Court of chancery on corporate personality & civil procedure

Written by  //  August 20, 2010  //  Corporate Law and Business  //  2 Comments

Judicial indecision in the application of the doctrine of separate personality of corporations has created legal controversies in various branches of law. A recent order by the Court of Chancery (Delaware) in Dawson v. Pittco Capital Partners [Case No. 3148-CC] provides an interesting example. The plaintiffs in this case were seeking an order for production of documents by the defendant company. These documents included, inter alia, arbitration documents in the possession of a wholly-owned subsidiary of the defendant company. The subsidiary was not a party to the proceedings. Whether the plaintiff was entitled to such an order depended on the interpretation of Rule 34 of the Court of Chancery Rules which required production of such documents as were “within the possession, custody or control” of the defendant. The court held that, “Court of Chancery Rule 34 requires defendants to produce all documents within their possession, custody, or control. Here, documents of the wholly-owned subsidiary, Vehicle IP (VIP)—even though not a party to this action—are deemed controlled by its defendant parent, Vehicle Safety & Compliance, LLC (VSAC).

Though this ruling seems to go against the independent and separate legal personality of the defendant company and its subsidiary, the court in this case did not pause to consider whether the grounds for ‘lifting the veil’ were established. Instead, authority for this order was derived from the decision in E.I. DuPont de Nemours & Co. v. Phillips Petroleum Co. [621 F. Supp. 310]. This decision again, offers no reasoning for such a rule, but derives authority from two other decisions, one of the 5th Circuit in General Long-shore workers Union v. Smith [301 F.2d 791 (5th Cir.1962)] and the second, a Delaware District Court decision – Pennwalt Corp. v. Plough Inc. [85 F.R.D. 257 (D.Del.1979)]. A close reading of the former case indicates that the order in that case was based on the factual finding that the officers of the holding company exercised control over the subsidiary. In the second case, interestingly, the court refused such an order expressly upholding the separate personality of the companies concerned. The court in that case held, “there is no evidence in the instant case however, that Plough and Schering have identical Boards of Directors, or that their respective business operations are so intertwined as to render meaningless their separate corporate identities.” While establishing effective control exercised by the holding company over its subsidiary might have justified the order in Dawson, none of the above decisions seem to lay down the rule in Dawson as a blanket rule applicable to all fully-owned subsidiaries.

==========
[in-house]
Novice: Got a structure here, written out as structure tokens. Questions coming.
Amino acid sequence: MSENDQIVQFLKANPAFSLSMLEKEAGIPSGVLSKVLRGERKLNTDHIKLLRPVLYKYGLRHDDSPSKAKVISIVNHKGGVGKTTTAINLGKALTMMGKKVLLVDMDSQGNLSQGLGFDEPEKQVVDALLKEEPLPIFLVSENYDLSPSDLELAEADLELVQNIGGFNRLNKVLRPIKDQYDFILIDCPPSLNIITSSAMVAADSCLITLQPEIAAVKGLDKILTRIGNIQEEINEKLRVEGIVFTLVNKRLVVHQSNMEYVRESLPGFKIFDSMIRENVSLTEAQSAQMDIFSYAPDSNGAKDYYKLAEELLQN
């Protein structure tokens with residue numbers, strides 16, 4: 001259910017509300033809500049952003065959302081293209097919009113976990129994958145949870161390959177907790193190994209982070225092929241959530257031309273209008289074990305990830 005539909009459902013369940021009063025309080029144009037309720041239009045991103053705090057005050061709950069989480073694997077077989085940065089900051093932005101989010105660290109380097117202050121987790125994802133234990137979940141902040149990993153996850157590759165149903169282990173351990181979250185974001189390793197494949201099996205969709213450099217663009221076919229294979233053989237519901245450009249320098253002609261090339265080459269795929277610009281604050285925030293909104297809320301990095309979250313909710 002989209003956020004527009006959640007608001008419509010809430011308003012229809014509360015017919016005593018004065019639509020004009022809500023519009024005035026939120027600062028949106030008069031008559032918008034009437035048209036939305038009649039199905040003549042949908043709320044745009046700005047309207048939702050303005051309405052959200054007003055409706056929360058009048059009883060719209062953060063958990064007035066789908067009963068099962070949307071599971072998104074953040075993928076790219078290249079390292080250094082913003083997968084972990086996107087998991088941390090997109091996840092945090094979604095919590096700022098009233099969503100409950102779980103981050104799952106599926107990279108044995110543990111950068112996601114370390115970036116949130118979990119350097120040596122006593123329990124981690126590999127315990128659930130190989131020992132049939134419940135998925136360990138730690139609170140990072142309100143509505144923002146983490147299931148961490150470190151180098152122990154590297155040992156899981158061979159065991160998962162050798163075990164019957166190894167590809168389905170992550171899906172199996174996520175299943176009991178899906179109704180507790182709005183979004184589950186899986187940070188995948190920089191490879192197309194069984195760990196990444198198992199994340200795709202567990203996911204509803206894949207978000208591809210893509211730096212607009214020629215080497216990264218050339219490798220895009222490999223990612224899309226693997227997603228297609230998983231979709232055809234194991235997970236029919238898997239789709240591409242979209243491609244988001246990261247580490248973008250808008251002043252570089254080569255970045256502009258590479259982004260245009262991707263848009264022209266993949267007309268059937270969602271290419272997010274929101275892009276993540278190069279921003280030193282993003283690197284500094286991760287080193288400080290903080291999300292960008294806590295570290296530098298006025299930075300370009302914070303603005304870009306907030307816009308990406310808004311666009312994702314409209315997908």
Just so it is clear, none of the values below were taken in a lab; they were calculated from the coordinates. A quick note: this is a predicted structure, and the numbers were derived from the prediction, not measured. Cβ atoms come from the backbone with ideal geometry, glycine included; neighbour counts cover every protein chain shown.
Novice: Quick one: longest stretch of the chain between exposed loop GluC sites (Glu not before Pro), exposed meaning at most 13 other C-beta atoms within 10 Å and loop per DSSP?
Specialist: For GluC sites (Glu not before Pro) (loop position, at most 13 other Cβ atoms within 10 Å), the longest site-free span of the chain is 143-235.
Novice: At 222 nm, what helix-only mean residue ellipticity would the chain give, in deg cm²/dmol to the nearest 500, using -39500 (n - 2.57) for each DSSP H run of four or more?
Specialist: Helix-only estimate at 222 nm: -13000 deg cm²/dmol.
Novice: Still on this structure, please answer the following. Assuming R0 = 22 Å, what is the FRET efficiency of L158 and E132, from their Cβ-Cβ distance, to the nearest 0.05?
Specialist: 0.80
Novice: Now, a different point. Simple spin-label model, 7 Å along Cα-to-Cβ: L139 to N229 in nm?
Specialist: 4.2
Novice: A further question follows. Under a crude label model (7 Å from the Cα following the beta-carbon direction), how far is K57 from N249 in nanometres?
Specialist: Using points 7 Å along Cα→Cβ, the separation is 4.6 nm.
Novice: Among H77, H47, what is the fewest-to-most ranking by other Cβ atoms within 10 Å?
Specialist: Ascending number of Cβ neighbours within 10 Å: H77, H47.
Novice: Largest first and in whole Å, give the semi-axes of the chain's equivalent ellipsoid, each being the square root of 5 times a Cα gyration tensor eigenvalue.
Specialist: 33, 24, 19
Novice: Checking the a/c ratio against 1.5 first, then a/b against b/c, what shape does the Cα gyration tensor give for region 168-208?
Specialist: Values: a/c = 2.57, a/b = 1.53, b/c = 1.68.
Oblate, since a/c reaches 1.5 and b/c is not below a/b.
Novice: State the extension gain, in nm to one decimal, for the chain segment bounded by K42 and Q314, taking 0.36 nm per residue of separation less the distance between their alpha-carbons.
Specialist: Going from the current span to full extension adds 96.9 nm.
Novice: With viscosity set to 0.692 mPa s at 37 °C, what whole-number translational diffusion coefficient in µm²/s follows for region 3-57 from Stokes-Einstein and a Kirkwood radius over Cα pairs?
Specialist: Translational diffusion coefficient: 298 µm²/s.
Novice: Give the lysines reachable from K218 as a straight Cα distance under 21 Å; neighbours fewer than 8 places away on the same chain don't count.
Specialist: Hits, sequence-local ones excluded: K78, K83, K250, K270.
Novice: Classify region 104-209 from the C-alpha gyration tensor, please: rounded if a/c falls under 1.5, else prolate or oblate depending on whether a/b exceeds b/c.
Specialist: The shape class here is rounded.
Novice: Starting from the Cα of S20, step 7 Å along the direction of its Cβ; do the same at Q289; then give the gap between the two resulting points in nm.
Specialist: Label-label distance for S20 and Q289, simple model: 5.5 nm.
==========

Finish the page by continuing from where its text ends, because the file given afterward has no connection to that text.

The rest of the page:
The District Court of Maryland in Diana Lollar Hubbard v. Rubbermaid [78 F.R.D. 631], though supported by little reasoning took an entirely different view. The court held in that case that such an order does not amount to “piercing the corporate veil” at all. Scholarly authority on the principles governing lifting the corporate veil however, seem to indicate otherwise. For instance, the seminal work by Prof. S. Ottolenghi [“From Peeping behind the Corporate Veil, to Ignoring It Completely”, 53(3) Modern Law Review 338 (1990)] characterises the modes of lifting the veil as four; ‘peeping behind the veil’, ‘piercing the veil’, ‘extending the veil’ and ‘ignoring the veil’. While ‘peeping behind the veil’ looks behind the corporate form only for obtaining new information which might be relevant in deciding the matter at issue, ‘piercing the veil’ imposes liability on shareholders for acts of the company. ‘Extending the veil’ questions the separate existence of the corporation, independently from a group of companies while ‘ignoring the veil’ questions the very existence of the company, for instance, as being a sham or façade. The author further suggests that declaring an agency relationship between the shareholder and the company on the basis of ‘control’ is a special mode of ‘penetrating the veil’. This recognises the direct interest of the shareholders in the controlled company’s acts.

Seen in this light, the order of the court in Dawson in my view amounts to ‘piercing the veil’. Rule 34 contemplates ignoring the separate legal personality of the corporations only once the element of ‘control’ is established. It is well-accepted that mere quantum of shareholding is insufficient to establish such control. [See, Kahn-Freund, “Some Reflections of Company Law Reform”, 7 Modern Law Review 54 (1944); Kahn-Freund, “Corporate Entity”, 3 Modern Law Review 226 (1940).] Hence, regardless of the fact that the subsidiary in Dawson was wholly-owned by the defendant company, application of Rule 34 requires an additional finding of fact that the court paid no attention to – that of establishing actual control exercised by the holding company.

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